(Last Updated on : 27/03/2012)
Acharya Atreya was a prominent actor, director and playwright in the history of Indian theatre
. He was born in the year of 1921. His ten full-length and fifteen one-act scripts helped succeeding generations of dramatists in Andhra to define, formulate, and execute the theatre of protest. This Telugu theatre personality wrote plays as a student in Nellore and Chittor but left studies to join the Quit India movement
and went to prison. Acharya Atreya was adjudged best director at the Andhra Nataka Kala Parishath's first competition, for a production of Kondamudi Gopalaraya Sarma's Eduritha i.e. "Swimming against the Current" in 1945.
Career in Theatre for Acharya Atreya
Acharya Atreya's first extant play i.e. his earliest works, Santi and Dr Kotnis, are lost, this supposedly inspired by Bernard Shaw's "The Adventures of a Black Girl in Her Search for God", which has as its theme Gautama becoming the Buddha after a long search for a new world order. The next play, Ashok Samrat i.e. "Emperor Asoka" in 1944, shows the warmongering Asoka forced to realize the worth of peace, a recurring theme in Atreya.
Parivartana i.e. "Change" in 1945 is on capitalistic exploitation of both physical and mental labour. Two political satires followed as Vastavam i.e. 'Reality' in 1946 and Inadu i.e. 'This Day' in 1947. These two projected the nature of the new brand of politicians and the Hindu-Muslim conflict respectively. His trend-setting next play, N.G.O. in 1948, introduced protest drama in Telugu language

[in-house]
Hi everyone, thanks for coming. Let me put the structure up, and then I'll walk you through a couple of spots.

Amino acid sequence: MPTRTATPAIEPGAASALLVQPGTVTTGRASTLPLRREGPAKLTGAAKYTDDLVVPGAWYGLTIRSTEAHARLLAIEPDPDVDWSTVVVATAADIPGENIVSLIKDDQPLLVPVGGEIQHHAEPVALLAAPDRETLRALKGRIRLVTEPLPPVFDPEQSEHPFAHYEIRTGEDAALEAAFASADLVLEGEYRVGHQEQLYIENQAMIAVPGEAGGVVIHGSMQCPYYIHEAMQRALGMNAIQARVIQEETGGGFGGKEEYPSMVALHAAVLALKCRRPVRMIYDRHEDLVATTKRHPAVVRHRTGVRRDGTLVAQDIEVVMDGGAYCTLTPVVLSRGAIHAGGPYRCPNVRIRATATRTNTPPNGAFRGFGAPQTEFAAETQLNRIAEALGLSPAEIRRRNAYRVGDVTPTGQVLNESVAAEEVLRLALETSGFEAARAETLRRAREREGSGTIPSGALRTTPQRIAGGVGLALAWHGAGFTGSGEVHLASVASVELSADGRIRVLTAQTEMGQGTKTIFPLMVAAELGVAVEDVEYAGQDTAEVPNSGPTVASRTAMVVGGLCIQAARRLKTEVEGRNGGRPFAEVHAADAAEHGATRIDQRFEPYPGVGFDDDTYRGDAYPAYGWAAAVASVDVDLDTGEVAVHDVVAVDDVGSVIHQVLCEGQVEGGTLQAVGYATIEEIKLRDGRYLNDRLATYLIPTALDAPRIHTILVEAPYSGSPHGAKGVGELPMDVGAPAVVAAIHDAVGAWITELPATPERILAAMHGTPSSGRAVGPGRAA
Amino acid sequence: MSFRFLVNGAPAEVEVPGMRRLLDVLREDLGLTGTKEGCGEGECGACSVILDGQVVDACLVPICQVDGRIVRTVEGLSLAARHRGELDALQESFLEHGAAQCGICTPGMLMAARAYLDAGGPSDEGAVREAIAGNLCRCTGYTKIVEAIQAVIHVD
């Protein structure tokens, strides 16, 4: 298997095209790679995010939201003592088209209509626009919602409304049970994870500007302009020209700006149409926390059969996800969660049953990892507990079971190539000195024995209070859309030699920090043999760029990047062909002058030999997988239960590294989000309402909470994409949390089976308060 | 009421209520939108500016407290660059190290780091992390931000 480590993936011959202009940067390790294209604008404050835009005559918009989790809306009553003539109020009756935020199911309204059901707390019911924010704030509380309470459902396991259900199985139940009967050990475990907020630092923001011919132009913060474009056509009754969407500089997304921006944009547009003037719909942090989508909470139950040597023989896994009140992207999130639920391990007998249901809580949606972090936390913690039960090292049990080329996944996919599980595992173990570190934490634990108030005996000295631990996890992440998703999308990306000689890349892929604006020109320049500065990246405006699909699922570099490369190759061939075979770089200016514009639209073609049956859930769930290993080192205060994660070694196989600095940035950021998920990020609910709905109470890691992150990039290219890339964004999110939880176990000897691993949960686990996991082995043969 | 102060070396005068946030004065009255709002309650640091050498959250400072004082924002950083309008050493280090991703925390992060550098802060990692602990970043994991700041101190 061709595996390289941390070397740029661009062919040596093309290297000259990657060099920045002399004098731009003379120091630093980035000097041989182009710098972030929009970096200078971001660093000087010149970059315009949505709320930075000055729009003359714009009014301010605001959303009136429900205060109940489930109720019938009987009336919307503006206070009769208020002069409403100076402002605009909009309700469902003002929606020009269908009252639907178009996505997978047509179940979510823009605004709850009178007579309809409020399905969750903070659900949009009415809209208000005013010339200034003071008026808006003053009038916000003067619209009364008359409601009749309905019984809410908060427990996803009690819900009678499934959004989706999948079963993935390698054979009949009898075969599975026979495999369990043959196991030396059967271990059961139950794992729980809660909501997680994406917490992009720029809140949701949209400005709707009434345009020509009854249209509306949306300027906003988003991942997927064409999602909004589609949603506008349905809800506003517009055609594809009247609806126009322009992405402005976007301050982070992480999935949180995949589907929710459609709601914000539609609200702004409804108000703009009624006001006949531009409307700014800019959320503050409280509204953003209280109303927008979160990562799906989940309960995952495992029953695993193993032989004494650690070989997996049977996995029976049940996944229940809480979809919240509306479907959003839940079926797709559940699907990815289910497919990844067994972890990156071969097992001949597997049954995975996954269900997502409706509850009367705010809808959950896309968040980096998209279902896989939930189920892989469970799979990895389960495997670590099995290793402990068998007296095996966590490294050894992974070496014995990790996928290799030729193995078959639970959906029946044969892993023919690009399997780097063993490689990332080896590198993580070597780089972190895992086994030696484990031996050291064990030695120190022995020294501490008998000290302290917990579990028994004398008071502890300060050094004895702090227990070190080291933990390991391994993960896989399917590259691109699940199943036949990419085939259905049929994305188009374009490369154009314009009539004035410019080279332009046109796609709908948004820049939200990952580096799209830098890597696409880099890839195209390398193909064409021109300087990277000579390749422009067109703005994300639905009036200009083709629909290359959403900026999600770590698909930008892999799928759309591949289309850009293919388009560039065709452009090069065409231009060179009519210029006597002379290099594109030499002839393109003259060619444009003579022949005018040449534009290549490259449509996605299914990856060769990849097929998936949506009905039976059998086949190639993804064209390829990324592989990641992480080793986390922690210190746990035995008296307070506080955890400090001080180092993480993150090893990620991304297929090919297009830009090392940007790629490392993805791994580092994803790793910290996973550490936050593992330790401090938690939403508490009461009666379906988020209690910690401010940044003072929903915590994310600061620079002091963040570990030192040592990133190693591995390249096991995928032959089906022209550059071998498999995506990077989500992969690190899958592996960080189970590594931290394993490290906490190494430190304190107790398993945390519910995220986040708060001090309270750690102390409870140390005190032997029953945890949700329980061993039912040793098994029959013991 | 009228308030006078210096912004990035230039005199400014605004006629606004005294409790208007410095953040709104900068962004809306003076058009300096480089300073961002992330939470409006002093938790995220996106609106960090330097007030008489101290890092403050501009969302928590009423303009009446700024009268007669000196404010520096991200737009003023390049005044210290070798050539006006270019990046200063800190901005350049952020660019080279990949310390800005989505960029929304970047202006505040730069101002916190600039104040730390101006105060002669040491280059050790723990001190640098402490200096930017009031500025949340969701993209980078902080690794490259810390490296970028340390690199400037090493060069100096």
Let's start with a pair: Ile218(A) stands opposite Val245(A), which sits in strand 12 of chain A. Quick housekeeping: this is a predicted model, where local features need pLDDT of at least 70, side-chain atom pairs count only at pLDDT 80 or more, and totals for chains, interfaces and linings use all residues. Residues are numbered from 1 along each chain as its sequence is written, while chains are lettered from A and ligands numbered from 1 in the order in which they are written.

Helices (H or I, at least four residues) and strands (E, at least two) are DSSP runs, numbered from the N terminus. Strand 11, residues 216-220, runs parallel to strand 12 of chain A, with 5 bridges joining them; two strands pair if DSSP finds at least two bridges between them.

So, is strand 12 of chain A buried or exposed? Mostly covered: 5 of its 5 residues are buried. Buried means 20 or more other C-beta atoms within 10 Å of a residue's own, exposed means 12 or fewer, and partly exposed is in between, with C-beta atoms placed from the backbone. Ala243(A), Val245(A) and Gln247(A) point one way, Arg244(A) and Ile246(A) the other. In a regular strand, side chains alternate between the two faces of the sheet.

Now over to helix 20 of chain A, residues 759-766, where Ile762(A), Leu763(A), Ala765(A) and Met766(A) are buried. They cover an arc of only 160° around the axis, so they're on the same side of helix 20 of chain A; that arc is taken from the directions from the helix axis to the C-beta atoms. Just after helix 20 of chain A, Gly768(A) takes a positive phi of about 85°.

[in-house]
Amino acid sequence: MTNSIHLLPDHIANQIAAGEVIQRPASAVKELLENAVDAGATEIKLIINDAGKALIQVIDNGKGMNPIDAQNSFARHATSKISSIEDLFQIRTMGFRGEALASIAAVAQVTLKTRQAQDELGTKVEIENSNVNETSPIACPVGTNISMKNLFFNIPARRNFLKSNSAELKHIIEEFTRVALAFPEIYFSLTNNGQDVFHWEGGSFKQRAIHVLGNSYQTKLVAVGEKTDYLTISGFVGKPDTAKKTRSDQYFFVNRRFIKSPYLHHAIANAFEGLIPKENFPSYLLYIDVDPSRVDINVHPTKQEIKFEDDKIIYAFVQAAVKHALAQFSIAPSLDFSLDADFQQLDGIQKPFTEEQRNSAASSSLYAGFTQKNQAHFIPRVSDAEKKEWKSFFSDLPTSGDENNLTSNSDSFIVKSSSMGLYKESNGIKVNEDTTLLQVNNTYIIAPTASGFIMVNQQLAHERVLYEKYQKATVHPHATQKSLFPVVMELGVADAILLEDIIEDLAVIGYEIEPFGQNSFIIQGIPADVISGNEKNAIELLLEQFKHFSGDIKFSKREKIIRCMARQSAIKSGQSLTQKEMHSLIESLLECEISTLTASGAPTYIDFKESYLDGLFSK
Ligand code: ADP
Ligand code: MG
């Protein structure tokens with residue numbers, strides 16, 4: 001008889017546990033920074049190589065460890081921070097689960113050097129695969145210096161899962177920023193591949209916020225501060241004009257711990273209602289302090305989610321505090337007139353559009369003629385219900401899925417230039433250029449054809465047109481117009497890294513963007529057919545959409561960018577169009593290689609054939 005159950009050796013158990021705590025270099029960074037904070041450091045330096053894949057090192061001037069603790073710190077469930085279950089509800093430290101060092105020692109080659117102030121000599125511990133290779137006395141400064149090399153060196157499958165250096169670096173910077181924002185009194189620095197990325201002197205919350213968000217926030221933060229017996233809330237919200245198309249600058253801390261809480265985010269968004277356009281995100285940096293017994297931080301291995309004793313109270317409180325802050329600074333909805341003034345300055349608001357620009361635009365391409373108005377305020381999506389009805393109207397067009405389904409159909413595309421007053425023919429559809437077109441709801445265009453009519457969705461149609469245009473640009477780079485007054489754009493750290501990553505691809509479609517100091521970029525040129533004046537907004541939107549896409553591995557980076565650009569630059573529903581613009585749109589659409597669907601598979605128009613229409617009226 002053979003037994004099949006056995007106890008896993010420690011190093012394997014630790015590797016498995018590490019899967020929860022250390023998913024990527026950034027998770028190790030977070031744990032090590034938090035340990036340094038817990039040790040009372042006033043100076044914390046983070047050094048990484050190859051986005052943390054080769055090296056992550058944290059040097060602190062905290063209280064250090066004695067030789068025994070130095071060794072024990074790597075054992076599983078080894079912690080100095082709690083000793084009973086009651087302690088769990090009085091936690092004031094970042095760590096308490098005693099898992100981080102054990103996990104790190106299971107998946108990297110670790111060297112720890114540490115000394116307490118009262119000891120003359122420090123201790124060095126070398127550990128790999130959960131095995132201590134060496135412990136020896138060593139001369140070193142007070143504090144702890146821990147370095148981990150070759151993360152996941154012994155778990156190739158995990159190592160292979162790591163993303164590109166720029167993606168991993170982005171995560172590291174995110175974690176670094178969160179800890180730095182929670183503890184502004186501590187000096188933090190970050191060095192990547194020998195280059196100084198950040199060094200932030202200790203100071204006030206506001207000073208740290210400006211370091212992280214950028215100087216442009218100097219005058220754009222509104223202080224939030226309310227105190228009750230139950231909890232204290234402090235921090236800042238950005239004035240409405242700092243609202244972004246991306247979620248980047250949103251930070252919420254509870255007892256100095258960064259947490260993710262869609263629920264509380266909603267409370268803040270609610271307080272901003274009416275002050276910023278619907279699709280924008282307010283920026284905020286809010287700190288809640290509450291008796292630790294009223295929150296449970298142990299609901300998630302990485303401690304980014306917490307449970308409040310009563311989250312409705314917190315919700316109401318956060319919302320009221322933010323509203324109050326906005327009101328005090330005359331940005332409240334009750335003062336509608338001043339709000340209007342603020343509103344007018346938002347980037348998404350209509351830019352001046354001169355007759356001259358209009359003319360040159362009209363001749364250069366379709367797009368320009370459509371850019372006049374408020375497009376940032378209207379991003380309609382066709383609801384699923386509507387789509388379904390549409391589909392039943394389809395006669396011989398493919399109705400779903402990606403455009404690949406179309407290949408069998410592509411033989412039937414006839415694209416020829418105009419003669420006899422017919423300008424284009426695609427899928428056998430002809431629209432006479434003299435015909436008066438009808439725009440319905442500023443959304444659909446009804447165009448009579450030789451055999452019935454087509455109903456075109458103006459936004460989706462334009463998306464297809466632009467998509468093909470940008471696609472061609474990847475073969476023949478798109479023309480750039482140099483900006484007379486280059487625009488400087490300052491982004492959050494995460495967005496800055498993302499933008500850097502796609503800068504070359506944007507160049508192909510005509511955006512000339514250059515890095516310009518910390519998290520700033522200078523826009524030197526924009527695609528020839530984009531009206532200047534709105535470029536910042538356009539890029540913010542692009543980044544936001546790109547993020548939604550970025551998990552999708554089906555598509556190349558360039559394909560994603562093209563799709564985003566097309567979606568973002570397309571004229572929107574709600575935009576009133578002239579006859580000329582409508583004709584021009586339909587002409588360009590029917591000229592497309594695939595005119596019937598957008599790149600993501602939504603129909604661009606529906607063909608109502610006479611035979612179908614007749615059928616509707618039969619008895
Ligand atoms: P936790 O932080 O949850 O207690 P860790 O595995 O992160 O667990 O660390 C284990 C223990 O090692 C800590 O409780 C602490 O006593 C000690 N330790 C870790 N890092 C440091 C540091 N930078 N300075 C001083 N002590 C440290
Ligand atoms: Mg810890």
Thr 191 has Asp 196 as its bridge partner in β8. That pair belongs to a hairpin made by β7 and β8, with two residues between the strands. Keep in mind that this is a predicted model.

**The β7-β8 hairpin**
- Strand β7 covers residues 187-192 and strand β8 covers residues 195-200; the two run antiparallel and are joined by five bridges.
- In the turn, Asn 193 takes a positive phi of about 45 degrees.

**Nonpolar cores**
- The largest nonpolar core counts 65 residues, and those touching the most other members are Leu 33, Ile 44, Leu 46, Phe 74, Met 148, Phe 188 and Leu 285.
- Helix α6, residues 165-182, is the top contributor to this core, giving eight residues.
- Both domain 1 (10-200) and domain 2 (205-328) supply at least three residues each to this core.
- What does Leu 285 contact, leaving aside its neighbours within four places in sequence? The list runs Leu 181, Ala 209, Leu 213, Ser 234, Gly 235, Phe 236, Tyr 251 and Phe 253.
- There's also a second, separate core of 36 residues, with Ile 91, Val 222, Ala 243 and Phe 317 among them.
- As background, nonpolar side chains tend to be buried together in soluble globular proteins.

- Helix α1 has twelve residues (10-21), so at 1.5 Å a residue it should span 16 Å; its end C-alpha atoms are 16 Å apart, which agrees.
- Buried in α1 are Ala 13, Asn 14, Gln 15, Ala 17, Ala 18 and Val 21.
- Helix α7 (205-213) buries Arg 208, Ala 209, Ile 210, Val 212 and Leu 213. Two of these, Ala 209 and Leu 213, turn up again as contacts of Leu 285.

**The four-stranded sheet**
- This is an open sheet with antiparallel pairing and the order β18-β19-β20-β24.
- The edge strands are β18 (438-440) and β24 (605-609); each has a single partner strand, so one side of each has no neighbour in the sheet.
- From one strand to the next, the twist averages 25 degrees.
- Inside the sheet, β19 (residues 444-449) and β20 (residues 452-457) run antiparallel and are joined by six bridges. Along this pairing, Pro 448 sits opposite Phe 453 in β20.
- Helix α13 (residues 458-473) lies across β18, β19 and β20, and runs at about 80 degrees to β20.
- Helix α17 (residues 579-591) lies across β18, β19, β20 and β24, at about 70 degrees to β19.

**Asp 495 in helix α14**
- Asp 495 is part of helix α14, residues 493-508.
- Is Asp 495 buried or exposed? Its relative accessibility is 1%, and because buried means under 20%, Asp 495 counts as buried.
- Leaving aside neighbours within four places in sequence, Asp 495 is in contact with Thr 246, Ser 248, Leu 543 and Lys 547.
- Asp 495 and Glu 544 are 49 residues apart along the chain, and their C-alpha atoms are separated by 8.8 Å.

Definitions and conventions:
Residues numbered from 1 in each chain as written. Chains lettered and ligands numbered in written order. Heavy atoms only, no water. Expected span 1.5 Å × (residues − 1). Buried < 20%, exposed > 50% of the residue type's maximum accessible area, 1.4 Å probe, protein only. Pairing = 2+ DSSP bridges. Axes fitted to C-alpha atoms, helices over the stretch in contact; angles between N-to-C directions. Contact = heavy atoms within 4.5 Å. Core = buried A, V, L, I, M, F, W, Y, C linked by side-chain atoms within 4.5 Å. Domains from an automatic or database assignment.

with an angry young man as the hero. Among later important works Viswasanti i.e. 'World Peace' in 1951, on the capitalist exploiters who invite war, Kappalu i.e. 'Frogs' in 1953, on people flocking where riches abound and Bhayam i.e. "Fear" in 1954, on the fear complex in people, achieved great success on stage. Atreya's one-act scripts, like Yevaru donga i.e. 'Who's the Thief?" in 1951, are also protest plays of great theatrical intensity. In later years, Acharya Atreya attained eminence as a composer of lyrics and scenarios for Telugu cinema, starting with the melodramatic Samsaram i.e. 'Household' in 1950 and Nirdoshi i.e. 'Innocent' in 1951, then adapting N. G. O. into Gumasta i.e. 'Clerk' in 1953, and scripting the devotional hits, Sri Venkateshwara mahatyam i.e. Balaji in 1960 and Chakradhari in 1977.
This legendary Telugu theatre personality died in the year of 1989.